By Frank Wessling
The discovery of a child molester on the football coaching staff at Penn State University offered, among other things, an illustration of how easily idols can split us from our full humanity. Some of the students there rioted, not in rage over what a former assistant coach had done to several boys, but because the school’s trustees fired the beloved head coach, Joe Paterno.
Paterno is a proven winner with football teams, and fans — remember, that little word comes from fanatic, someone in the grip of unreasoning emotion — want to forgive anything for a win. Pushed aside is the fact that this winner knew someone on his staff was sodomizing young boys and did not report it as a crime.
We tend to think of lying, stealing and selfish sexual behavior as the most common violations of the Ten Commandments. But the first of those 10 is key to respect for the rest and is, thus, the one most ignored: God is one; desire this unity, this communion, this satisfaction, this fulfillment. All other desire is partial and false as the human purpose.
When we stop seeking the one God and put too much of our energy into lesser gods, like a Big Ten championship, we are on a path to lesser goods, not the greatest good.
The same pattern shows up in the way so many people become caught up in attachment to a political party or ideology. Catholics attracted to the Democratic Party know what tension exists between their affiliation to the Church and that party. It is in captivity to an ideology of easy abortion.
But Catholic Democrats may be better off, in a way, than the Republicans who share a church pew with them. At least the Democrats are fully aware that they tread dangerous ground: it’s thrown in their faces all the time. With Catholic Republicans the danger of idolatry is not as clear. A note of clarity came from the Vatican late last month.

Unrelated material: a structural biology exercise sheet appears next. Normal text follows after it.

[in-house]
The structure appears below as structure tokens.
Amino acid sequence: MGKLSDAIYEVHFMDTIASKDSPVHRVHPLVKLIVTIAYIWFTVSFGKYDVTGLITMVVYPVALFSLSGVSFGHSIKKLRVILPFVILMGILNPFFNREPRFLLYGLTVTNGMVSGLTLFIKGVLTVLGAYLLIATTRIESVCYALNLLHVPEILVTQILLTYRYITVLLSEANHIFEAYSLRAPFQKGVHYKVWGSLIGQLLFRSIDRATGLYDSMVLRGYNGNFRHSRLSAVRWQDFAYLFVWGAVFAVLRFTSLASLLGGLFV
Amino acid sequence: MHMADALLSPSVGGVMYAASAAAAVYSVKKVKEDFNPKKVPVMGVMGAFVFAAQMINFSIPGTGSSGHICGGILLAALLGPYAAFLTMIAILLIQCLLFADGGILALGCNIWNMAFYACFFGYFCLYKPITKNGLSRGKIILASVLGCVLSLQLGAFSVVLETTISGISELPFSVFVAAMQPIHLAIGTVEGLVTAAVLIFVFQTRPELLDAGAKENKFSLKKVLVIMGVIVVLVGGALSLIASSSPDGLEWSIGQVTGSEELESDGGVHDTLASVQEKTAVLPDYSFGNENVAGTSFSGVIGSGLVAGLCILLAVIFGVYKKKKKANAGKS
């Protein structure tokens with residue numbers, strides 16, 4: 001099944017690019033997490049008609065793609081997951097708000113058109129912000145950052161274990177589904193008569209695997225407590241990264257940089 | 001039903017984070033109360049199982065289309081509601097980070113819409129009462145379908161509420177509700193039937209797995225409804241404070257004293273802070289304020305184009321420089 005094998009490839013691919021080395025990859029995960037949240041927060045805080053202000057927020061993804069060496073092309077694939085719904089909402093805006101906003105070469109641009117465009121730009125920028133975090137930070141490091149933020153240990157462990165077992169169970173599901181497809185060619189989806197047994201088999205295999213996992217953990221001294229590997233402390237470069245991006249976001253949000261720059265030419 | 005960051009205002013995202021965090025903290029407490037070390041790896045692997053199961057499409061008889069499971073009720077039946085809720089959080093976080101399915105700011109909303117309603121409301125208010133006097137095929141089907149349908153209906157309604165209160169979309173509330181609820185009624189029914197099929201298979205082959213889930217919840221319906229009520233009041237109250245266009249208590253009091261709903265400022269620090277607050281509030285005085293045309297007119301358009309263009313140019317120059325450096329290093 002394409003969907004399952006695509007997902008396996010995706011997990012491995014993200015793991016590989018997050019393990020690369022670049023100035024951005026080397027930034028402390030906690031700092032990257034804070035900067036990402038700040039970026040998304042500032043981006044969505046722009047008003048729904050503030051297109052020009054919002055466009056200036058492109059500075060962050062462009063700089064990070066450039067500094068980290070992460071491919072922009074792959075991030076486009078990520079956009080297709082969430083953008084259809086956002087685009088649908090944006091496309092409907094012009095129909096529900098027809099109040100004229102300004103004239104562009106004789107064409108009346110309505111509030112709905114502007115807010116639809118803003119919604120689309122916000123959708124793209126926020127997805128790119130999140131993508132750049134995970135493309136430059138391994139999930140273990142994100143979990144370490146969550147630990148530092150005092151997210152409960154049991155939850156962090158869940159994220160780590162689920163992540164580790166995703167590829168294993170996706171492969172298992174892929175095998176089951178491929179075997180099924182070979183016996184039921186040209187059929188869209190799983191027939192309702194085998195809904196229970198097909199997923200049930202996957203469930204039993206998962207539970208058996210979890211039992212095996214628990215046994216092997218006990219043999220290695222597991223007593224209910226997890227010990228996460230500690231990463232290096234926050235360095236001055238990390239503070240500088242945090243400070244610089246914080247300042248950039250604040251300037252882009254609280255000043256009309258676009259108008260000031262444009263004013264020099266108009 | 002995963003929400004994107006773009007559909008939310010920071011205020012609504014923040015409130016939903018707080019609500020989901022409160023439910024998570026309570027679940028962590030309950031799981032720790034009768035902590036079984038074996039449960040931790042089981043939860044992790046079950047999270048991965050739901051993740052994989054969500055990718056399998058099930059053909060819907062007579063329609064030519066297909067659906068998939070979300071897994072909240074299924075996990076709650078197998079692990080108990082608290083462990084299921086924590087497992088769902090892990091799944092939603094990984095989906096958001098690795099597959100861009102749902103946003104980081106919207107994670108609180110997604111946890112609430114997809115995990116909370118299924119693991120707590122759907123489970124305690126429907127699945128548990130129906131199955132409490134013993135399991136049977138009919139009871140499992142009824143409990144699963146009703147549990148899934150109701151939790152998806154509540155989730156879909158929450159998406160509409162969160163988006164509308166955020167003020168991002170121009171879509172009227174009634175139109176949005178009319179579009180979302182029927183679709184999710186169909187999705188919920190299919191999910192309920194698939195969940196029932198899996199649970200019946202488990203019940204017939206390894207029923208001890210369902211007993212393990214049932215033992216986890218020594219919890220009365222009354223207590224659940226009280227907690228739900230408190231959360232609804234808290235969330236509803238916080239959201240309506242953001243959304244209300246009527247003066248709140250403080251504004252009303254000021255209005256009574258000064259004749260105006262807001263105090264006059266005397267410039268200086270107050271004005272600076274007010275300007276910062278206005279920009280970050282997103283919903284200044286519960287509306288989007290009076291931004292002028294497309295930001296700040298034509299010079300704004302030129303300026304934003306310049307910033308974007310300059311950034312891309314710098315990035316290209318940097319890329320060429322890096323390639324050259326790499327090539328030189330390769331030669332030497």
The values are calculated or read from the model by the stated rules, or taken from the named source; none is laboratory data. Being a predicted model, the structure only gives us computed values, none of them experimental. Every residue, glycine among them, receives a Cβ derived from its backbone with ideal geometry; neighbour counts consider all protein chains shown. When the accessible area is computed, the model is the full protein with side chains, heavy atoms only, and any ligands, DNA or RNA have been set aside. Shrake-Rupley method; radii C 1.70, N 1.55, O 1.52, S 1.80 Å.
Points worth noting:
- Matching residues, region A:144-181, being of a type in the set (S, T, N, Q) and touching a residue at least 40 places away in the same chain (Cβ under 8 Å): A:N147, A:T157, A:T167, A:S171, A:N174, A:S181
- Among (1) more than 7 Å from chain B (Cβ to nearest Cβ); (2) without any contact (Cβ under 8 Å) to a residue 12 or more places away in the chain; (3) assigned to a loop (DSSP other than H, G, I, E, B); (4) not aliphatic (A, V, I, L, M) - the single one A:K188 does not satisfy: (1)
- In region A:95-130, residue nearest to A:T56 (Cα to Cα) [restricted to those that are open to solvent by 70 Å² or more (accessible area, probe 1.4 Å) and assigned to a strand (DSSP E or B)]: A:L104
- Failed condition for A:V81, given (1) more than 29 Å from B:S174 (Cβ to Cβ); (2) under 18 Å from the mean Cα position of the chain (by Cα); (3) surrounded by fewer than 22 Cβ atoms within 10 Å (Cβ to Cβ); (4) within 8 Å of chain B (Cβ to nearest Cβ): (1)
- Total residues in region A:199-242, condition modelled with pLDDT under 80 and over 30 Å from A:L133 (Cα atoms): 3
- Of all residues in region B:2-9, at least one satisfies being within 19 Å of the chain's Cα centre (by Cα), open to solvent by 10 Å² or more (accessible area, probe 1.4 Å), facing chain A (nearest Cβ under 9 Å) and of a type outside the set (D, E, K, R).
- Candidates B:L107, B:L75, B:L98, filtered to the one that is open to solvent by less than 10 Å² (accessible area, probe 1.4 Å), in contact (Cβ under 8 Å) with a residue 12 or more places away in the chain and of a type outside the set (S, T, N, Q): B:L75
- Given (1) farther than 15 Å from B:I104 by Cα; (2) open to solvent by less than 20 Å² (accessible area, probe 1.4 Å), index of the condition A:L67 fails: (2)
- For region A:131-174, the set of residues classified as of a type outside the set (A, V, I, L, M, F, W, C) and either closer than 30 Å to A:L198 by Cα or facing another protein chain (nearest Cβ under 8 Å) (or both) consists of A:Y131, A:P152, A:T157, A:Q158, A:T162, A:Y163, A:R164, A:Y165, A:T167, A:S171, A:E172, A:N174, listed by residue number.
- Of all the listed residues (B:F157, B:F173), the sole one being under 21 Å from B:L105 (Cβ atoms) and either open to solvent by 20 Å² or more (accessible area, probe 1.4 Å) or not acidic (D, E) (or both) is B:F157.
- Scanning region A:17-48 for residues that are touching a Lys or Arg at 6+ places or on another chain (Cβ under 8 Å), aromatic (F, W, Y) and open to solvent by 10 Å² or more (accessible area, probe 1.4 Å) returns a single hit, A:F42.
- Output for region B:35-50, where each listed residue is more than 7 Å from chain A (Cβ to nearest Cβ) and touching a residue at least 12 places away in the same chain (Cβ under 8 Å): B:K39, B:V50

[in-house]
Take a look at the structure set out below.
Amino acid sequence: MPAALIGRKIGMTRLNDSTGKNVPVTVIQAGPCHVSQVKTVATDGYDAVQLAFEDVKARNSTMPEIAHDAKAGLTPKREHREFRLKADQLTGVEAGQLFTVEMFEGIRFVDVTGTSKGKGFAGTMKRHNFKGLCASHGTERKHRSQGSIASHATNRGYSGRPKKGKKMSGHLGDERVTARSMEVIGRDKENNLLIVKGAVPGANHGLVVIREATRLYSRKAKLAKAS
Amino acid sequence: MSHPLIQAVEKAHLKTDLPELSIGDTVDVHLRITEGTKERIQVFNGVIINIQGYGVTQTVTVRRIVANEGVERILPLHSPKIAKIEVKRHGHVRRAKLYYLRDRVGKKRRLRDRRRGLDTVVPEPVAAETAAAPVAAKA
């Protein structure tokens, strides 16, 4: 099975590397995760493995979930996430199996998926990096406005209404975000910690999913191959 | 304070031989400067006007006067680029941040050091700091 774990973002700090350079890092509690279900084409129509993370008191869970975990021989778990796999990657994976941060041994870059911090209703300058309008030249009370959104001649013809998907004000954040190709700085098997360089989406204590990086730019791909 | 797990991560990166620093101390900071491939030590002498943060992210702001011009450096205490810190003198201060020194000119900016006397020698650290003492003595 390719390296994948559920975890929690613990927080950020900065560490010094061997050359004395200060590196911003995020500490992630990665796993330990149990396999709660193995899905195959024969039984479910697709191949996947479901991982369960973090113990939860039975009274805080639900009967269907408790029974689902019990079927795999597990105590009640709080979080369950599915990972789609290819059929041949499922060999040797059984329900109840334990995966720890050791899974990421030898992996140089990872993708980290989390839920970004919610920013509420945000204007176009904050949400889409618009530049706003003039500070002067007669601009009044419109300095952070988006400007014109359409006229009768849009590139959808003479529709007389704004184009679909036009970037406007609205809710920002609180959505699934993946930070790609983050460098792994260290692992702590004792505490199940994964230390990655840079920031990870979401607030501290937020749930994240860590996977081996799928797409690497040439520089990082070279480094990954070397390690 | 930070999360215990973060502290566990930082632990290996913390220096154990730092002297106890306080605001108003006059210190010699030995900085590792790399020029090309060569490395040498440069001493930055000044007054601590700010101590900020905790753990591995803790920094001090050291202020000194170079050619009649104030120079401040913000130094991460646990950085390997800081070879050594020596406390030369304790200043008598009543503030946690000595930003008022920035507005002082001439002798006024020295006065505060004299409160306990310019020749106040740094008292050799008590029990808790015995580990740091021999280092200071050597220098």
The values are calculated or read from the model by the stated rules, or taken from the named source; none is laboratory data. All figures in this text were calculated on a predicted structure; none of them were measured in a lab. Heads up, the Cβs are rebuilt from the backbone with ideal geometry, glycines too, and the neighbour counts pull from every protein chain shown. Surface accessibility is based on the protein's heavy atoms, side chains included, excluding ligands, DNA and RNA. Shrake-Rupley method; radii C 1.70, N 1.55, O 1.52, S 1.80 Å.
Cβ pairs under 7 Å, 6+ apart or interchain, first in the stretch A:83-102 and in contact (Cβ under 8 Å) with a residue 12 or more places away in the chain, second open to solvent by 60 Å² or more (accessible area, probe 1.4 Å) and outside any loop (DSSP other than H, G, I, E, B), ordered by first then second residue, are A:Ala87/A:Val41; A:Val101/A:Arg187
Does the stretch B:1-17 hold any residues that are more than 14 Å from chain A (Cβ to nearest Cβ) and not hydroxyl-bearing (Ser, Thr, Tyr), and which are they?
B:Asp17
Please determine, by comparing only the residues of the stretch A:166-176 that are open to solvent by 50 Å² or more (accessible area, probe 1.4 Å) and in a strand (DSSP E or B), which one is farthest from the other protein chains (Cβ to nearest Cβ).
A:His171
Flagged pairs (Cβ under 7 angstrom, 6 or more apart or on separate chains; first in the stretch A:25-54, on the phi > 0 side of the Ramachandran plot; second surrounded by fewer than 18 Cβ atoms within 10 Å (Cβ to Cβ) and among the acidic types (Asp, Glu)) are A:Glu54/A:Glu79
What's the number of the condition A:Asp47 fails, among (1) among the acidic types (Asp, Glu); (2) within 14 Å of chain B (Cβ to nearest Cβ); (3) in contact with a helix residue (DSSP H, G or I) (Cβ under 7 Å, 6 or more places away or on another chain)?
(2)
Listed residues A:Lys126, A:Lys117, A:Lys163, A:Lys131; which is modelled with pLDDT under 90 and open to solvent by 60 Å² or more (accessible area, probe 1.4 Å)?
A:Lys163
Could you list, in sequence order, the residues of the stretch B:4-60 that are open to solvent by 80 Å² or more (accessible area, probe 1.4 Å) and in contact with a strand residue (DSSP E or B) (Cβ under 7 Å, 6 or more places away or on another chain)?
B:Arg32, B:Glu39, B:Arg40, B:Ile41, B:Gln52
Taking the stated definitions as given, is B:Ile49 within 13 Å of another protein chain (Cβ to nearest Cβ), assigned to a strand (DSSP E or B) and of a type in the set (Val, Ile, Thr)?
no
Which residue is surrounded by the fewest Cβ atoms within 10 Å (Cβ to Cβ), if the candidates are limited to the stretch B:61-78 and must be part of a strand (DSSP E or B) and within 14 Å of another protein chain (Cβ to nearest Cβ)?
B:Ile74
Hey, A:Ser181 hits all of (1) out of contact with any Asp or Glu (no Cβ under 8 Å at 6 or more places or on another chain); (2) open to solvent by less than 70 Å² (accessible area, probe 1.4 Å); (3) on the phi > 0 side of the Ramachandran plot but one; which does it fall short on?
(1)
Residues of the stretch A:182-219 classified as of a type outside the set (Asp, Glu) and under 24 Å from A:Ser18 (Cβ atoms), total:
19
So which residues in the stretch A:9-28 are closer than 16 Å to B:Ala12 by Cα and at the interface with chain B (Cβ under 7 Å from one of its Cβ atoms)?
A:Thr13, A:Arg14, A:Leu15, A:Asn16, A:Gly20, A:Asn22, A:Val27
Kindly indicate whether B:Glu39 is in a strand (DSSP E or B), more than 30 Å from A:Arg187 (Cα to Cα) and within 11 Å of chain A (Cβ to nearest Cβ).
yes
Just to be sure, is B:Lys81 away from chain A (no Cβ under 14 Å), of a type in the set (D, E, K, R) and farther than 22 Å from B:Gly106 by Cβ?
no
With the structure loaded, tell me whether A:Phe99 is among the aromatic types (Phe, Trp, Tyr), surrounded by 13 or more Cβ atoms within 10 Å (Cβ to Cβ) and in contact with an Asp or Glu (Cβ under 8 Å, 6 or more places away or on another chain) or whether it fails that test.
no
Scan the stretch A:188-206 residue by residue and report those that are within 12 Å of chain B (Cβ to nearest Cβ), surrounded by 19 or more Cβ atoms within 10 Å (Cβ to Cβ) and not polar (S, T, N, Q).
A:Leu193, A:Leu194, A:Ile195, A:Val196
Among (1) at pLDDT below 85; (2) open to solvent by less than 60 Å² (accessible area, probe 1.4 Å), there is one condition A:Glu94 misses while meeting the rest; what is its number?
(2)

The pope’s Council for Justice and Peace issued a document critical of the way free market ideology contributes to “inequalities and distortions” in human development around the world. The document’s ponderous title — “Toward Reforming the International and Monetary Systems in the Context of Global Public Authority” — is enough to alarm Republicans.
The council document is unsettling, to say the least, for anyone enamored of the individualist, anti-regulation, anti-tax, jingoistic nationalism that rides high in the current Republican Party. Some Catholic commentators usually referred to as “conservative” have noted the difficulty they face and dismissed the document as unknowing and unimportant blather from an obscure office far from the pope.
This won’t do, though, as it won’t do for Catholic Democrats to dismiss the emphasis Catholic teaching places on abortion as a violation of God’s call. What the Council for Justice and Peace did was bring together at this moment themes in Catholic social teaching that have been there for decades as enunciated by the Second Vatican Council, international synods of bishops, nearly all popes of the 20th century and Pope Benedict XVI, and our own American bishops in their 1986 pastoral letter, “Economic Justice for All.”
It was Pope John Paul II who used the phrase “idolatry of the market” in 1991 as he warned the Western democracies against smugness after communism collapsed. Today the reason for that warning is evident in the global pain and danger from years of unregulated greed in financial markets.
Idols come in all disguises and none of us is immune to seduction in whatever ways we become excited. Sports and politics are only two of the ways. To stay balanced and on course in life let’s keep in mind the First Commandment as given by Moses and its fuller exposition in the life of Jesus.
And you can read the recent Vatican document online at www.news.va/en/news/full-text-note-on-financial-reform-from-the-pontif. Rest assured that the pope knew all about it and approved. It is not a marginal bit of Catholic teaching.